Organ transplantation is one of the medical success stories of the 20th century. Transplantation is, however, a victim of its own success with demand for organs far exceeding supply. The ischemia/reperfusion injury associated with organ transplantation is complex with interlinking cellular pathways and cascades. With increasing use of marginal organs and better understanding of the consequences of ischemia/reperfusion, enhanced organ preservation is required. Traditional static cold preservation cannot prevent ischemia/reperfusion injury, the low temperature itself is damaging and viability testing is limited. Donor preconditioning techniques to enhance organ preservation in advance of retrieval are starting to show convergence on several key pathways (HO-1 and cell apoptosis). Microdialysis and bioimpedence techniques may allow viability assessment during cold storage. Hypothermic machine perfusion has a role to play, particularly in preservation of kidneys from non-heart-beating donors although results of clinical trials are awaited. Normothermic preservation offers benefits over cold storage (at least experimentally) by avoiding damage induced by low temperature, minimising ischemia/reperfusion injury and allowing resuscitation of damaged organs. Normothermic preservation is likely to increase as the average quality of donor organs declines and clinical trials are needed. In the long term, normothermic preservation may be used, not just to resuscitate organs, but facilitate organ immunomodulation.
Organ Preservation: Current Concepts and New Strategies for the Next Decade
Edgardo E. Guiberta, Alexander Y. Petrenko Cecilia L. Balabana Alexander Y. Somov, Joaquín V. Rodrigueza, Barry J. Fullerc
Transfus Med Hemother 2011;38:125–142
This manuscript reviews organ preservation strategies for all solid organs. For donor heart preservation, the authors note:
“Cold storage of the heart is one of the most challenging fields for organ preservation because of the high sensitivity of cardiac muscle to hypoxic injury and the serious perioperative consequences of inadequate preservation, leading to poor early graft function with associated high morbidities and mortalities. Careful selection of donor hearts is mandated.”
The relevance of ice crystal formation for the cryopreservation of tissues and organs
David E. Pegg
This paper discusses the role of ice crystal formation in causing or contributing to the difficulties that have been encountered in attempts to develop effective methods for the cryopreservation of some tissues and all organs. It is shown that extracellular ice can be severely damaging but also that cells in situ in tissues can behave quite differently from similar cells in a suspension with respect to intracellular freezing.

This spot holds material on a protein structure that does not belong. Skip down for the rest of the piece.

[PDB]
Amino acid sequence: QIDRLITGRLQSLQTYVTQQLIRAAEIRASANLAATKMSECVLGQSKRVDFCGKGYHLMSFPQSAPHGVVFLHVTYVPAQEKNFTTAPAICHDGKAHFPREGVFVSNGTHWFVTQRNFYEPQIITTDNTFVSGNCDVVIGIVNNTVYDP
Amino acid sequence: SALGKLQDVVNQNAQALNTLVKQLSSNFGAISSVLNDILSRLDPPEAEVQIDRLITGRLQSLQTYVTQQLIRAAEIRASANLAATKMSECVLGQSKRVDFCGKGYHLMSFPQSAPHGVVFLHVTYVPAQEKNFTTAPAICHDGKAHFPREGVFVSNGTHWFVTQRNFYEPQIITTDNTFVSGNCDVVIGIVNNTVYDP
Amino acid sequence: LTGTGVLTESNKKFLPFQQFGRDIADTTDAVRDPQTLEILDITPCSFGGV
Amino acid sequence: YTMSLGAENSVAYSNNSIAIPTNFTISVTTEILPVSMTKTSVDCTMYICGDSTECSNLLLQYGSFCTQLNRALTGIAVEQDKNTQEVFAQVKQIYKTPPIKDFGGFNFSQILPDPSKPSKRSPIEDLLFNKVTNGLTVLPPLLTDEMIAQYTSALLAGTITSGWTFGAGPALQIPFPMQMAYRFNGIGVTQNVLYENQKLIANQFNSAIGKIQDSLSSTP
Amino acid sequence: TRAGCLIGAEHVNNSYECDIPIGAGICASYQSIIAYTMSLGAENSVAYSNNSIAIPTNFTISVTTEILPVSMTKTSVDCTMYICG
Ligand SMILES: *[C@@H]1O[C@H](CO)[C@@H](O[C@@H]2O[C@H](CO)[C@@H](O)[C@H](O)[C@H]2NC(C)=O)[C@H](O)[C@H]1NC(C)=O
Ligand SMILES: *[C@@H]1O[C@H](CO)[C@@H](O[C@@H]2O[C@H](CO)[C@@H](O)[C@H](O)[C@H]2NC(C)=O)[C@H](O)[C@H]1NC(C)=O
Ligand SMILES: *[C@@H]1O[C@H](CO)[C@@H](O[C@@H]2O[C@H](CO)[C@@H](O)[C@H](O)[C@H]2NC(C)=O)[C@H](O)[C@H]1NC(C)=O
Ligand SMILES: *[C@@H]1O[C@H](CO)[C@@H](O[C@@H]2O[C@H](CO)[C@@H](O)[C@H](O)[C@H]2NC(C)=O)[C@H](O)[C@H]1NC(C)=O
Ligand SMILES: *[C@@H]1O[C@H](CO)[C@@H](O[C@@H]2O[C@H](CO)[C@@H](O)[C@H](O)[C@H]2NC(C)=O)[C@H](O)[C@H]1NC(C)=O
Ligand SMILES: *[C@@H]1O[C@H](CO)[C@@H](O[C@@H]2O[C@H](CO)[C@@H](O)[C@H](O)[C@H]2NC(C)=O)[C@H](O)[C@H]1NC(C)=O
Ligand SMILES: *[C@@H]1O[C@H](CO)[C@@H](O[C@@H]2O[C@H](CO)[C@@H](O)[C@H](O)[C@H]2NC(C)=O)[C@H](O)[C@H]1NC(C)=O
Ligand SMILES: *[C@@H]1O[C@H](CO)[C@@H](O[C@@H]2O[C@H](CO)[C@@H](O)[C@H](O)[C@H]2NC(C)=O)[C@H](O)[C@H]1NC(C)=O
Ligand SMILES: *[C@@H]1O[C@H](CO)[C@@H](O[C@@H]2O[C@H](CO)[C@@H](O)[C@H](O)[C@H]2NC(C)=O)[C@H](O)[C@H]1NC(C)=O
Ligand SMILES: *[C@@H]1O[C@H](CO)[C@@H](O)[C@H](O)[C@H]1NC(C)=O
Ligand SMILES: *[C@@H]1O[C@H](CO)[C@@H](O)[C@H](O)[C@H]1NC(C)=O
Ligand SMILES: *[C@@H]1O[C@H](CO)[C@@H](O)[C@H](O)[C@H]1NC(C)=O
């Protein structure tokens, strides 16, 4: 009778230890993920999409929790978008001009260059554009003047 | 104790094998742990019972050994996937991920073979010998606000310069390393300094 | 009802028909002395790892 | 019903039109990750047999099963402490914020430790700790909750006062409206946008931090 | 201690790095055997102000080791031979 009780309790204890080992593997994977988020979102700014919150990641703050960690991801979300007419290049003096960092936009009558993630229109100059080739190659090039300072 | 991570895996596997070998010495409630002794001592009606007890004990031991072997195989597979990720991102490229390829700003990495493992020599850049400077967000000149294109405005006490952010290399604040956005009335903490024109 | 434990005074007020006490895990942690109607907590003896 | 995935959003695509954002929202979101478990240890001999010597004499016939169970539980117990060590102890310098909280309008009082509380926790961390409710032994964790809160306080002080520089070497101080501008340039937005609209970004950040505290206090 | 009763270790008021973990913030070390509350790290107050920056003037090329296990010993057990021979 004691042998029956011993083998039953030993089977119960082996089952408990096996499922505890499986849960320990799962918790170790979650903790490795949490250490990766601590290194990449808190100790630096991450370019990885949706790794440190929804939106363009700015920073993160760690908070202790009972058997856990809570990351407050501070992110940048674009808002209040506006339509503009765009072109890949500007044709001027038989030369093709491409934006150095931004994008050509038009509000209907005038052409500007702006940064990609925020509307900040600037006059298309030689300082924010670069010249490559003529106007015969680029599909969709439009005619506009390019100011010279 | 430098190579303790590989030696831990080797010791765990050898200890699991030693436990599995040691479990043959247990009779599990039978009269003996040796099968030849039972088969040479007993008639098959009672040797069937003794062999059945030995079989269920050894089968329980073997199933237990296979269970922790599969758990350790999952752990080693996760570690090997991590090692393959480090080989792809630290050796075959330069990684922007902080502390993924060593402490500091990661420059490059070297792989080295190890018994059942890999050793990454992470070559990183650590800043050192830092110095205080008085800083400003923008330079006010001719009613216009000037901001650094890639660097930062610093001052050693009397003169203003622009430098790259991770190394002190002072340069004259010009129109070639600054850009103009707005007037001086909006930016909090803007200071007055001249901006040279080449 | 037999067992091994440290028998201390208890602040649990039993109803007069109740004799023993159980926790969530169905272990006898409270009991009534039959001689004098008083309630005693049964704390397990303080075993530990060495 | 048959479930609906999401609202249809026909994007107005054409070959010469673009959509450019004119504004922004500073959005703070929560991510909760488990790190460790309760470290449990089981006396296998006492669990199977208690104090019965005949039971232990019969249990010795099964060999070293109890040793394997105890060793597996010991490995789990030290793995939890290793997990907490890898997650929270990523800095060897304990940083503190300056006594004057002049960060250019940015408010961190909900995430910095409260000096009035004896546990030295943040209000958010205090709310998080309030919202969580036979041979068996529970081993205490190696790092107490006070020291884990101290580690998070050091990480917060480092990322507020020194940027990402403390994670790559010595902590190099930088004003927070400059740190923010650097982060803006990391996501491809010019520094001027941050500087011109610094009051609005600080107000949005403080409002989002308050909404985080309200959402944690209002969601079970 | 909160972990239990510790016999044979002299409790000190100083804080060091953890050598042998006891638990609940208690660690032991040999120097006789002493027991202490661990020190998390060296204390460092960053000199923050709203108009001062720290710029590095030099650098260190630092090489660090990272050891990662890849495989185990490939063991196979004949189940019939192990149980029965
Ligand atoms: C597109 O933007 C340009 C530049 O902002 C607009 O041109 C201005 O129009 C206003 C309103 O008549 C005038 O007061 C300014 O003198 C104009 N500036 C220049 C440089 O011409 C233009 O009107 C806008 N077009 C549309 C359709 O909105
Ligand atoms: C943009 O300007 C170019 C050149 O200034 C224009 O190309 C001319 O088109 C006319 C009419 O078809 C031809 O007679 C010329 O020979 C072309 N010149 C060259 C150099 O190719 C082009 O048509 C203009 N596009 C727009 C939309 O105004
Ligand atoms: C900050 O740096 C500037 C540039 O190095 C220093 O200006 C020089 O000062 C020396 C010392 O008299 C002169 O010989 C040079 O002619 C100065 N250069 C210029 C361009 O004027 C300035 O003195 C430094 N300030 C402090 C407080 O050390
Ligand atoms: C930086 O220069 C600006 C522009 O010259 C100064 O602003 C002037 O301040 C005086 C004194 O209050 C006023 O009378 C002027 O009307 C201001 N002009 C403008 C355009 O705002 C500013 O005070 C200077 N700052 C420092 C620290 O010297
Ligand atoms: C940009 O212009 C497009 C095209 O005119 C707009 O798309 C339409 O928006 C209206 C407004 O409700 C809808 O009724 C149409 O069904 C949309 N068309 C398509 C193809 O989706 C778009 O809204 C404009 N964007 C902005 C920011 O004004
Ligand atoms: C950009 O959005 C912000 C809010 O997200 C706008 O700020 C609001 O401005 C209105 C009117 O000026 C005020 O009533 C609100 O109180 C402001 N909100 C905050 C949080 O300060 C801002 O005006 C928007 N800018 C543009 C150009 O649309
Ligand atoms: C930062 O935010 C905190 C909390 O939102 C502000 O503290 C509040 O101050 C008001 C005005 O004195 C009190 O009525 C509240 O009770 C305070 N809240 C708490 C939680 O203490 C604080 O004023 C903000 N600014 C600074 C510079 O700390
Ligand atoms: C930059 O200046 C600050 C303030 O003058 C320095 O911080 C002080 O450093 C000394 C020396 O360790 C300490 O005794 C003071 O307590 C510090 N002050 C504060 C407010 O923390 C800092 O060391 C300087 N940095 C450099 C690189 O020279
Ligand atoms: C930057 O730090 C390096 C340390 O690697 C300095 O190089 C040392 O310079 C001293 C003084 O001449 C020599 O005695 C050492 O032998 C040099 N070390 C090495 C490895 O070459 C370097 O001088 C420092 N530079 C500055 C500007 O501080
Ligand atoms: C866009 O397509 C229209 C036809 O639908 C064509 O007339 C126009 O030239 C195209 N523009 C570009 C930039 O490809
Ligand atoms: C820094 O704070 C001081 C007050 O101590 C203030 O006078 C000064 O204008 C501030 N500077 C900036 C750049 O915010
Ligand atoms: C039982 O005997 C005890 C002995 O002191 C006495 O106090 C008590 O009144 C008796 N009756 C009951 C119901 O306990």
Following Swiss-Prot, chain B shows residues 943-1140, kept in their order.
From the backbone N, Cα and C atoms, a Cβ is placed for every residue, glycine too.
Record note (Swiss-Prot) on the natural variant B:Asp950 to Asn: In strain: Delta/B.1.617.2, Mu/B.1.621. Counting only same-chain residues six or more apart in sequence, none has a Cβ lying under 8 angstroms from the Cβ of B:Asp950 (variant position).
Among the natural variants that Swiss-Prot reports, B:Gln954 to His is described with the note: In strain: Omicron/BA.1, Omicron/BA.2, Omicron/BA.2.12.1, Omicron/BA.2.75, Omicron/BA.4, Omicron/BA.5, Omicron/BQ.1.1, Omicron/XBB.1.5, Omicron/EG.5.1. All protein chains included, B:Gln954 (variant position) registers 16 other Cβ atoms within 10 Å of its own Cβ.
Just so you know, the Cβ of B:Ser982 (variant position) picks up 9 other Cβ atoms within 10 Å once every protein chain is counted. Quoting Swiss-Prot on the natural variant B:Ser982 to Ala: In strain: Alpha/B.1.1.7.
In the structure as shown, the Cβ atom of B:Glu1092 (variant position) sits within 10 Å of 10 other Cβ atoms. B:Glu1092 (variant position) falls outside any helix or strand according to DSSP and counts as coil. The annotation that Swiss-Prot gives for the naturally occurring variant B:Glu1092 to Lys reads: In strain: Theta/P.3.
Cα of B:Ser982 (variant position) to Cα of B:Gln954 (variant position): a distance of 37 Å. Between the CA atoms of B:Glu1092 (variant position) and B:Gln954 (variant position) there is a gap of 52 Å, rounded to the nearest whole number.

It is concluded that techniques that avoid the formation of ice altogether are most likely to yield effective methods for the cryopreservation of recalcitrant tissues and vascularised organs.
Primary Graft Failure after Heart Transplantation
Arjun Iyer, Gayathri Kumarasinghe, Mark Hicks, Alasdair Watson, Ling Gao, Aoife Doyle, Anne Keogh, Eugene Kotlyar, Christopher Hayward, Kumud Dhital, Emily Granger, Paul Jansz, Roger Pye, Phillip Spratt, and Peter Simon Macdonald
Journal of Transplantation
Volume 2011, Article ID 175768, 9 pages
Primary graft failure (PGF) is a devastating complication that occurs in the immediate postoperative period following heart transplantation. It manifests as severe ventricular dysfunction of the donor graft and carries significant mortality and morbidity. In the last decade, advances in pharmacological treatment and mechanical circulatory support have improved the outlook for heart transplant recipients who develop this complication. Despite these advances in treatment, PGF is still the leading cause of death in the first 30 days after transplantation. In today’s climate of significant organ shortages and growing waiting lists, transplant units worldwide have increasingly utilised “marginal donors” to try and bridge the gap between “supply and demand.” One of the costs of this strategy has been an increased incidence of PGF. As the threat of PGF increases, the challenges of predicting and preventing its occurrence, as well as the identification of more effective treatment modalities, are vital areas of active research and development.